Balsamroot exhibits a classic form of the former Composite Family now called the Aster Family. Sunflowers, asters, pussytoes, dandelions are all related. Let’s take a closer look using balsamroot as our first example.
The basic flower plan in the Composite Family is a set of many small flowers arrayed on a platform surrounded by green bracts to form a “head”. Balsamroot has a ring of showy ray flowers which consist of 5 fused petals that are tongue-like (ligulate). The inner flowers are “disc” flowers also with five petals which fuse to form a tube with flared tips.
Five dark male anthers develop facing inward. The female pistil pushes through the press of male anthers to push out pollen grains that tend to stick to the outside of the stigma ready for pick up by pollinators. Soon the pollen is gone or dried up, and the stigma opens wide into a two-parted arch ready to receive pollen from another flower delivered by a pollinator helping in cross-pollination. Many different insects can easily land and forage for pollen and nectar over the course of several days. Composite heads for insects are sort of like you parking and shopping at Walmart.
Disc flowers start blooming on the outside and form a Fibonnaci spiral inwards.
Each fertilized flower produces a fruit below the petals (inferior ovary). Inside the dry fruit will be a single seed (achene). This is the same design as sunflower seeds: the hard outer shell with one seed inside. Often when you open the flower head you will see grubs settled in for a good meal.
The Composite Family has hundreds of variations (species) on this theme growing around the world. More examples are below.
Arrowleaf balsamroot – Balsamorhiza sagittata – still dominates many slopes and sage flats in Jackson Hole right now. It has arrow-shaped, slightly hairy, large 1-2′ grayish leaves all growing on long petioles from the base. Stalks have 1-2 large flowers with yellow ray flowers and disc flowers. Fresh flowers smell like chocolate, and the roots have a balsam scent.
Mule’s Ears – Wyethia amplexicaulis – look similar to Arrowleaf Balsamroot at first. But note the leaves are shaped like a mule’s ears and are smooth and green.
Several orange-yellow flowers alternate up the stem along with smaller leaves. Mule’s Ears tend to be found in relatively moist, often heavy clay soils.
Twin Arnica – Arnica sororia – is having a good year around Antelope Flats and foothills. The bright yellow flowers stand upon 1’ stems with 2-3 pairs of narrow opposite leaves with a few more at the base.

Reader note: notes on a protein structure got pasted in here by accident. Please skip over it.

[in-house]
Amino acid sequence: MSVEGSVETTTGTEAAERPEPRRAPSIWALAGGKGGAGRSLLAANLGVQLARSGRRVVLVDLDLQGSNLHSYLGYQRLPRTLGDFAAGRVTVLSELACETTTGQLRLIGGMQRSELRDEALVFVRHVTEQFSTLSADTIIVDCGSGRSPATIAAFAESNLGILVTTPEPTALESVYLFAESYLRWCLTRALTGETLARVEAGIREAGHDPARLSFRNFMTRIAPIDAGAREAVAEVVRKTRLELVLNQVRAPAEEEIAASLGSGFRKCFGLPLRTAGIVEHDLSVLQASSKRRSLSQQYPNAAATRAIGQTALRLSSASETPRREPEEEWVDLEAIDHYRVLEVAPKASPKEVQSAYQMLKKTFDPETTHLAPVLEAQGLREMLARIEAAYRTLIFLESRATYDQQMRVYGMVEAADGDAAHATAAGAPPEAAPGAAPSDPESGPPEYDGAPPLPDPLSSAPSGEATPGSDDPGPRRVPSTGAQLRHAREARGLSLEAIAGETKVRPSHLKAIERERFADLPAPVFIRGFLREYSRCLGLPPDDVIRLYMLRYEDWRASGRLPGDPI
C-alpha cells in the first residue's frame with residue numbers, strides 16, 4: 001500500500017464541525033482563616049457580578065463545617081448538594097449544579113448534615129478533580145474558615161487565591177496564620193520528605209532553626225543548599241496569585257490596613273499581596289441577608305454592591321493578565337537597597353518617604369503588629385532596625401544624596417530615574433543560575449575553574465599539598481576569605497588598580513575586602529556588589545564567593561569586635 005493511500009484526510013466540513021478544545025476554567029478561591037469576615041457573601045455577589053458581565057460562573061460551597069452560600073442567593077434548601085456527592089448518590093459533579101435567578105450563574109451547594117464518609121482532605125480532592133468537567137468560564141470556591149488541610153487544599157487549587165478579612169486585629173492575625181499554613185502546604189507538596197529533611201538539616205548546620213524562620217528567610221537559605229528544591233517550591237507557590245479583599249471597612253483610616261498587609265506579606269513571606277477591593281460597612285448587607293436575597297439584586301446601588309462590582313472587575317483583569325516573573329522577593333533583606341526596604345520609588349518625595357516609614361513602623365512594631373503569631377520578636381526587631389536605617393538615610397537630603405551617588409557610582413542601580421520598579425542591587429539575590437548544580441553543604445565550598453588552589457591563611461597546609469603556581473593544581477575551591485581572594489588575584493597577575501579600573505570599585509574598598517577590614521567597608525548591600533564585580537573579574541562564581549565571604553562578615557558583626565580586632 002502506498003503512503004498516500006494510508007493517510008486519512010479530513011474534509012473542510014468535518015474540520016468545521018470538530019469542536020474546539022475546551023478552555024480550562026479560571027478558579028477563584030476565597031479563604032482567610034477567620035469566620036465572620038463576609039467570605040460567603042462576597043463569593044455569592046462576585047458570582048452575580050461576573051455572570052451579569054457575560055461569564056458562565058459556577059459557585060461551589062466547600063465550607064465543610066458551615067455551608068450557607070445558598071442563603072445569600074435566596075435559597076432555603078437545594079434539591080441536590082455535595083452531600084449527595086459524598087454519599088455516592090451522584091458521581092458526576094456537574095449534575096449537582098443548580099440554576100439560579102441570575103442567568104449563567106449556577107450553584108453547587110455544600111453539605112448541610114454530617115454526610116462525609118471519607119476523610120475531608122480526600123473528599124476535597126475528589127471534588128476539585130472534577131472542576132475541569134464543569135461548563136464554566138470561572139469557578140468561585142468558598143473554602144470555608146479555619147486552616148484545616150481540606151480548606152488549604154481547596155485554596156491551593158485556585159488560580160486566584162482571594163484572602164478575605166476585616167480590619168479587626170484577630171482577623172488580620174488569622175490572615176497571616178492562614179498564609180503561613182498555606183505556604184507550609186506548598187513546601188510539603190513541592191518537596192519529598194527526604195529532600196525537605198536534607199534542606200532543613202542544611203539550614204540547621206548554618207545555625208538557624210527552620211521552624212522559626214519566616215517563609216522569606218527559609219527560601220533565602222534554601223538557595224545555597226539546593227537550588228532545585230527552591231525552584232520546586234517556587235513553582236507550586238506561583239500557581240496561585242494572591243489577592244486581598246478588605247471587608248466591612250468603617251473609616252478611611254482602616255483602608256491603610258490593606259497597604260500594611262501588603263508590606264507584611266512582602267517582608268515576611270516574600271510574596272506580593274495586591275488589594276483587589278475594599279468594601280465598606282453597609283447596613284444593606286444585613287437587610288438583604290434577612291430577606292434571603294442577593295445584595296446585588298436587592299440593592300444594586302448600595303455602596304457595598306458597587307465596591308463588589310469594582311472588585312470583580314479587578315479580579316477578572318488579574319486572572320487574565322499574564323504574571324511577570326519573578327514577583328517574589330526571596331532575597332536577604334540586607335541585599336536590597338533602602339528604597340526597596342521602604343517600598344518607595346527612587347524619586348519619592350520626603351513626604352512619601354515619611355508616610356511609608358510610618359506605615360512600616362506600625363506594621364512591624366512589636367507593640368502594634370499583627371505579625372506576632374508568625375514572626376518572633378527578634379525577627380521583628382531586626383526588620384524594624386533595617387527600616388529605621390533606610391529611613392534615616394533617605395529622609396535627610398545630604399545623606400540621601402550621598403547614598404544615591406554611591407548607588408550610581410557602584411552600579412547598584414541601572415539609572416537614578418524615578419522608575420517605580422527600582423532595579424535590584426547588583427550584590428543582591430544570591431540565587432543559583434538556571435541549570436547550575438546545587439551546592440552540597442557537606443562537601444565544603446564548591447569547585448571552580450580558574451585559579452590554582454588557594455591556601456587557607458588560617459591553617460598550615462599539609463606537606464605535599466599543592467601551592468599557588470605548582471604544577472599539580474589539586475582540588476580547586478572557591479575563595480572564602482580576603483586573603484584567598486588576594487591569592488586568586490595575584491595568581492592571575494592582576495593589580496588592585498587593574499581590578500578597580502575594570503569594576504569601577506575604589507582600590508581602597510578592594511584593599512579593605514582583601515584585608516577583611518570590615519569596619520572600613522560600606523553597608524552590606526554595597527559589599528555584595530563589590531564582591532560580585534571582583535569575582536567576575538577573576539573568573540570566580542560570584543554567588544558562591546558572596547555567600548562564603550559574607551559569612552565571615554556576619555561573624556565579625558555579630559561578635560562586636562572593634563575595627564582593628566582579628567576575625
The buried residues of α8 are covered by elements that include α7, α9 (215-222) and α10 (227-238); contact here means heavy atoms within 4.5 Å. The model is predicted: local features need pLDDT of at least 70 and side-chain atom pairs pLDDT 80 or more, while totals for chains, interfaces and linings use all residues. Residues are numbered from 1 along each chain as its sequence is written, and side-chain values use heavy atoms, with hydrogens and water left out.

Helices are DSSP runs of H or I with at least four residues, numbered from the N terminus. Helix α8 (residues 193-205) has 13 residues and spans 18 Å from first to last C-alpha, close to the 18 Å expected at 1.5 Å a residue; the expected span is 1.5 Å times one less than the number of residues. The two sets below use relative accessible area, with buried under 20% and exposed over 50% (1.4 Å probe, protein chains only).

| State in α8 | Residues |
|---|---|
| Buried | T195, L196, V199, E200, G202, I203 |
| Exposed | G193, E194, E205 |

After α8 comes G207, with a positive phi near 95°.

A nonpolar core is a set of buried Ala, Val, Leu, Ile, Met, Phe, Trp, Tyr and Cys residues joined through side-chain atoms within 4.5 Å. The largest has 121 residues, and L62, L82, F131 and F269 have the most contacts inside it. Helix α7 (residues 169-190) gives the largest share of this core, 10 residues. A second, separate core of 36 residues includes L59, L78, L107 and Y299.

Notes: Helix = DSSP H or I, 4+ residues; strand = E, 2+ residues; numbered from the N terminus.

Common Dandelion – Taraxacum officinale – This introduced European plant is still popping up in our lawns, fields, and trails. It has all ligulate or ray flowers that look like petals – actually each “petal” is 5 petals combined. The bracts are in two rows, the outer row is reflexed, the inner stands upright.
From each ray flower, tiny rough fruits (achenes) are formed and are attached to a pappus that serves as a parachute for distribution of the seeds by wind.
Mountain or False Dandelion – Agoseris glauca – All the flower heads have yellow, ligulate or ray flowers, as in the common dandelion. Each plant produces only one flower head.
Several rows of upright bracts encircle the heads. All the leaves are basal.
Fruits are elongated and smooth. You can see why this is called False Dandelion–it takes a close look to tell the differences.
There are three varieties of this species and two other genera (Nothocalais nigrescens and Microseries nutans) that are very similar. The achenes or fruits are the best way to be sure of your ID and are not addressed here.
Pussytoe – Antennaria sp. – flower heads have only disc flowers and scaly inconspicuous bracts and, therefore, look very small and plain compared to many of our composites. Pussytoes in general are easy to ID by their “pussytoe”-like flower heads. Heads have either male or female disc flowers on separate plants (dioecious).
In the photo, the heads with male flowers are on the left with anthers bearing pollen, and the heads of female flowers are on the right with delicate white stigmas with many extra bristles. Pussytoes often make seeds without fertilization (apotomictic) and/or are polyploids (having extra sets of chromosomes) which can make ID more complicated.